Free Shipping on Orders of $25 or More! (Shipping Only Available to the Continental U.S.)

6 Signs Your Plants Have a Pest Problem

Insects have a habit of annoying people, but they also bug plants. When pests attack plants, they can cause damage that weakens them. This often leads to changes in the appearance of plants. Spotting these warning signs can help you treat the problem before your plants suffer severe damage. Check out six signs that there's a pest problem in your garden. 

Signs Your Plants Have A Pest Problem Infographic



Caterpillar eating plant

Holes in the leaves of your plants are one of the most common signs of a pest infestation. These holes are the result of insects chewing on them. Holes can vary in shape and size depending on the species. Tiny holes are usually a sign of sap-sucking pests like aphids and spider mites. They pierce the surface of leaves to extract plant juices. Larger holes can be the result of caterpillars or earwigs who actually consume the leaves. Weevils are known to chew the edges of leaves, which results in scalloped edges. You may also notice white trails on a leaf, which indicates that leafminers have burrowed in between the surfaces of leaves.

Wilting or Dropping

Wilting plant

Pests could also be the reason your plants have wilting or dropping leaves. Sap-sucking insects don’t just create holes, they can also cause wilting. When wilting occurs, leaves will become limp and can appear dried out. Aphids and scale insects are known to cause this damage. As pests feed on plants, they are reducing their nutrients and weakening them. The longer this happens, the more likely it is that leaves will fall. While an occasional leaf falling is normal for a plant’s growth process, losing many leaves at once isn’t. A pest infestation could also cause healthy-looking leaves to drop.  


Discoloration of leaves

If discoloration is occurring, you’ll want to keep your eyes open for pests. Spots are one of the main types of discoloration that pests can cause. Yellow spots can result from pests like thrips, spider mites, aphids, and scale insects feeding on plants. As they feed, they are decreasing the nutrients in plants. This makes it harder for the plant to produce chlorophyll, which gives plants their green color. Thrips may also leave behind a streak of silver on the leaf after feeding. If you notice white spots, you may want to take a closer look. Mealybugs have a white, fuzzy body that could be mistaken for spots.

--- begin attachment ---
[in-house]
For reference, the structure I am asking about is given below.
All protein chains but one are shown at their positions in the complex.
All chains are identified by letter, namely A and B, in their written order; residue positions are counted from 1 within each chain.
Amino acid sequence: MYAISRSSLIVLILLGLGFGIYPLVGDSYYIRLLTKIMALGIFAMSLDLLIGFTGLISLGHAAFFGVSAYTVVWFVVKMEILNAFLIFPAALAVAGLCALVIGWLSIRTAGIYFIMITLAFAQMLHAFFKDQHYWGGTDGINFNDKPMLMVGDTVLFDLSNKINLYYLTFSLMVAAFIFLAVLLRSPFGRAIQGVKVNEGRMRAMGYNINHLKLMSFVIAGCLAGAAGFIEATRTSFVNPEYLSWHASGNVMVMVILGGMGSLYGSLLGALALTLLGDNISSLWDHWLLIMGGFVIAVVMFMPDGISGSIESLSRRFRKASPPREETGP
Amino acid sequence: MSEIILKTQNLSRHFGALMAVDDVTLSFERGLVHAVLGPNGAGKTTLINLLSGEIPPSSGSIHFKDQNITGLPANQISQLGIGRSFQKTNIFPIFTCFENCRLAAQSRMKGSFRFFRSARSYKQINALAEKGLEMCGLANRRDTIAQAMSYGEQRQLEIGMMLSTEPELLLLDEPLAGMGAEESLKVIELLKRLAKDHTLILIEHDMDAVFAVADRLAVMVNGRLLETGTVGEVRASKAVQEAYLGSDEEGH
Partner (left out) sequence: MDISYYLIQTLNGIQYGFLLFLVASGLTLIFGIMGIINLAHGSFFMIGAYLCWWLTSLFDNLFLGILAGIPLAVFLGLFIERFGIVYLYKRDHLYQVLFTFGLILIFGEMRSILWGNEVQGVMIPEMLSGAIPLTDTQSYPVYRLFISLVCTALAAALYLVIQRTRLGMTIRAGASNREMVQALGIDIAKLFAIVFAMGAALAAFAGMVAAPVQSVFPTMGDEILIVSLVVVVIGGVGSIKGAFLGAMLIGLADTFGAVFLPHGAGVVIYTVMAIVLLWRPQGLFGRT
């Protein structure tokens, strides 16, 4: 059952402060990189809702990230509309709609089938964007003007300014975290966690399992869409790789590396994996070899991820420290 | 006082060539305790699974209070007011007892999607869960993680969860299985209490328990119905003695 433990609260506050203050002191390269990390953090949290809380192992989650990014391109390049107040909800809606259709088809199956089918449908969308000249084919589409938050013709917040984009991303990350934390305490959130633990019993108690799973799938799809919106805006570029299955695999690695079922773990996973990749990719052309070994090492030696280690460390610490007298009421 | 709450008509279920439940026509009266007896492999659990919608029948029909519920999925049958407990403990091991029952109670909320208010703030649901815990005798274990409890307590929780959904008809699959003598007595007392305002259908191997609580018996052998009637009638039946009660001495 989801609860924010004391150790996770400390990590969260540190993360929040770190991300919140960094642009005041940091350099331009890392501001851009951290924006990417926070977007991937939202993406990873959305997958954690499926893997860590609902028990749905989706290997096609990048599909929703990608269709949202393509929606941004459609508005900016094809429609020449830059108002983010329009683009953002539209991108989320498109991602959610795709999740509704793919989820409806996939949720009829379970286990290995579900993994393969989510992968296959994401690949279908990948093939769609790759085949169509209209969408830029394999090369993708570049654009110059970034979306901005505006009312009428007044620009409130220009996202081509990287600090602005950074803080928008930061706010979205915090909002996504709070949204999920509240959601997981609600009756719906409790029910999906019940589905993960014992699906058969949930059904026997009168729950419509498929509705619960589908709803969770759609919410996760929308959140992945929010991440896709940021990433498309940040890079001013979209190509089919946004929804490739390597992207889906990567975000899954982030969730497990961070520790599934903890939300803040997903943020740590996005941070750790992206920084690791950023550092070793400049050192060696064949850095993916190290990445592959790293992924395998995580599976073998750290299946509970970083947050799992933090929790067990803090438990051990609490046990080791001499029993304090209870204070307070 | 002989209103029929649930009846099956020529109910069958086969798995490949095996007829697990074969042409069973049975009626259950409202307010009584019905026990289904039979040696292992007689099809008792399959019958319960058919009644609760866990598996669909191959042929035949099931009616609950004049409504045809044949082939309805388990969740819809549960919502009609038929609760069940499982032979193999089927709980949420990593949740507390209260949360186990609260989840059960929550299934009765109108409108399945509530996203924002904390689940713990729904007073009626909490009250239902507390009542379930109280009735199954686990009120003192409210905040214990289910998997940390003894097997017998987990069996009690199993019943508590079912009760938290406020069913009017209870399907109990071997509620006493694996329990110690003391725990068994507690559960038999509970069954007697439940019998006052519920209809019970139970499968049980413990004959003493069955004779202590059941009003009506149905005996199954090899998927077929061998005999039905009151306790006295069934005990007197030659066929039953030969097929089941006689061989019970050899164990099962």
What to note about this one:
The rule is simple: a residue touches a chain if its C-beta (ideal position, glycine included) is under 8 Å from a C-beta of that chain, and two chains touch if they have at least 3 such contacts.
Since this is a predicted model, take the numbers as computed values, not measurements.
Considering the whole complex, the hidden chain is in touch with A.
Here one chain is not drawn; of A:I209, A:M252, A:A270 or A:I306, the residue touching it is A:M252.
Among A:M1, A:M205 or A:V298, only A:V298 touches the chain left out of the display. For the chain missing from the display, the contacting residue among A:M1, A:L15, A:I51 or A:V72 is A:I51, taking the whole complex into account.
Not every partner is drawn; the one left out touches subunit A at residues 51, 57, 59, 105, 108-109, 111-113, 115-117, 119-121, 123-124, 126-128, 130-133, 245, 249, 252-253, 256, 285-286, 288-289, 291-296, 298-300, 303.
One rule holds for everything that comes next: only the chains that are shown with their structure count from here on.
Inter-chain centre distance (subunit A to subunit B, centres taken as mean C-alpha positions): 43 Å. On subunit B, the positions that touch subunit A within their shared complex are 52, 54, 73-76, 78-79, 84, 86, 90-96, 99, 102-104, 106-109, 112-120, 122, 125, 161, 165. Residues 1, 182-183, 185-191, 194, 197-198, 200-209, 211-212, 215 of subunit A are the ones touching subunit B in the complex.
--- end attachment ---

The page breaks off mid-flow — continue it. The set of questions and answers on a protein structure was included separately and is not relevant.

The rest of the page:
Stunted Growth

Stunted plant growth

If your plants aren’t growing like they should, insects could be the problem. As pests feed on plants, whether by sucking sap or chewing on leaves, the plant is weakened. This means the plant has to divert its energy to healing itself instead of producing growth. Pest populations are able to increase quickly, which only means more pests will be feeding on your plants. This can cause new leaves to be killed or lack of any growth. If the pest problem isn’t eliminated, then the entire plant could be lost. Pests like mealybugs, scale insects, and whiteflies are known to hinder plant growth.


Aphids on plant

When insects feed on plants, they often secrete a sticky substance called honeydew. If your plants have areas covered with a clear, sticky substance, pests are likely responsible. Aphids, mealybugs, whiteflies, and scale insects are some of the pests that are known for leaving behind honeydew. This substance is usually found on the leaves of plants. Honeydew won’t actually harm your plant, but it can promote black sooty mold growth. Spotting this mold can also help you identify a pest problem.  

Increase in Insect Activity

Ant on leaf of plant

A sudden increase in insect activity in your yard could be a warning sign of garden pest problems. Honeydew is known to attract a variety of insects including ants and flies. Ants will actually protect honeydew-producing aphids in order to consume the substance. Pests on your plants can also attract insects that are searching for food. Ladybugs consume large quantities of aphids, and lacewings eat mites and thrips. If your garden has become a new hangout spot for these insects, you may want to inspect your plants for pests.


If you notice your plants have any of these symptoms or new bugs are hanging around, take some time to inspect your garden. Check for pests under the leaves and near the stem and soil. If pests are threatening the health of your plants, we want to help! Check out our Maggie’s Farm Simply Effective™ 3-in-1 Garden Spray.

Leave a comment

Please note, comments must be approved before they are published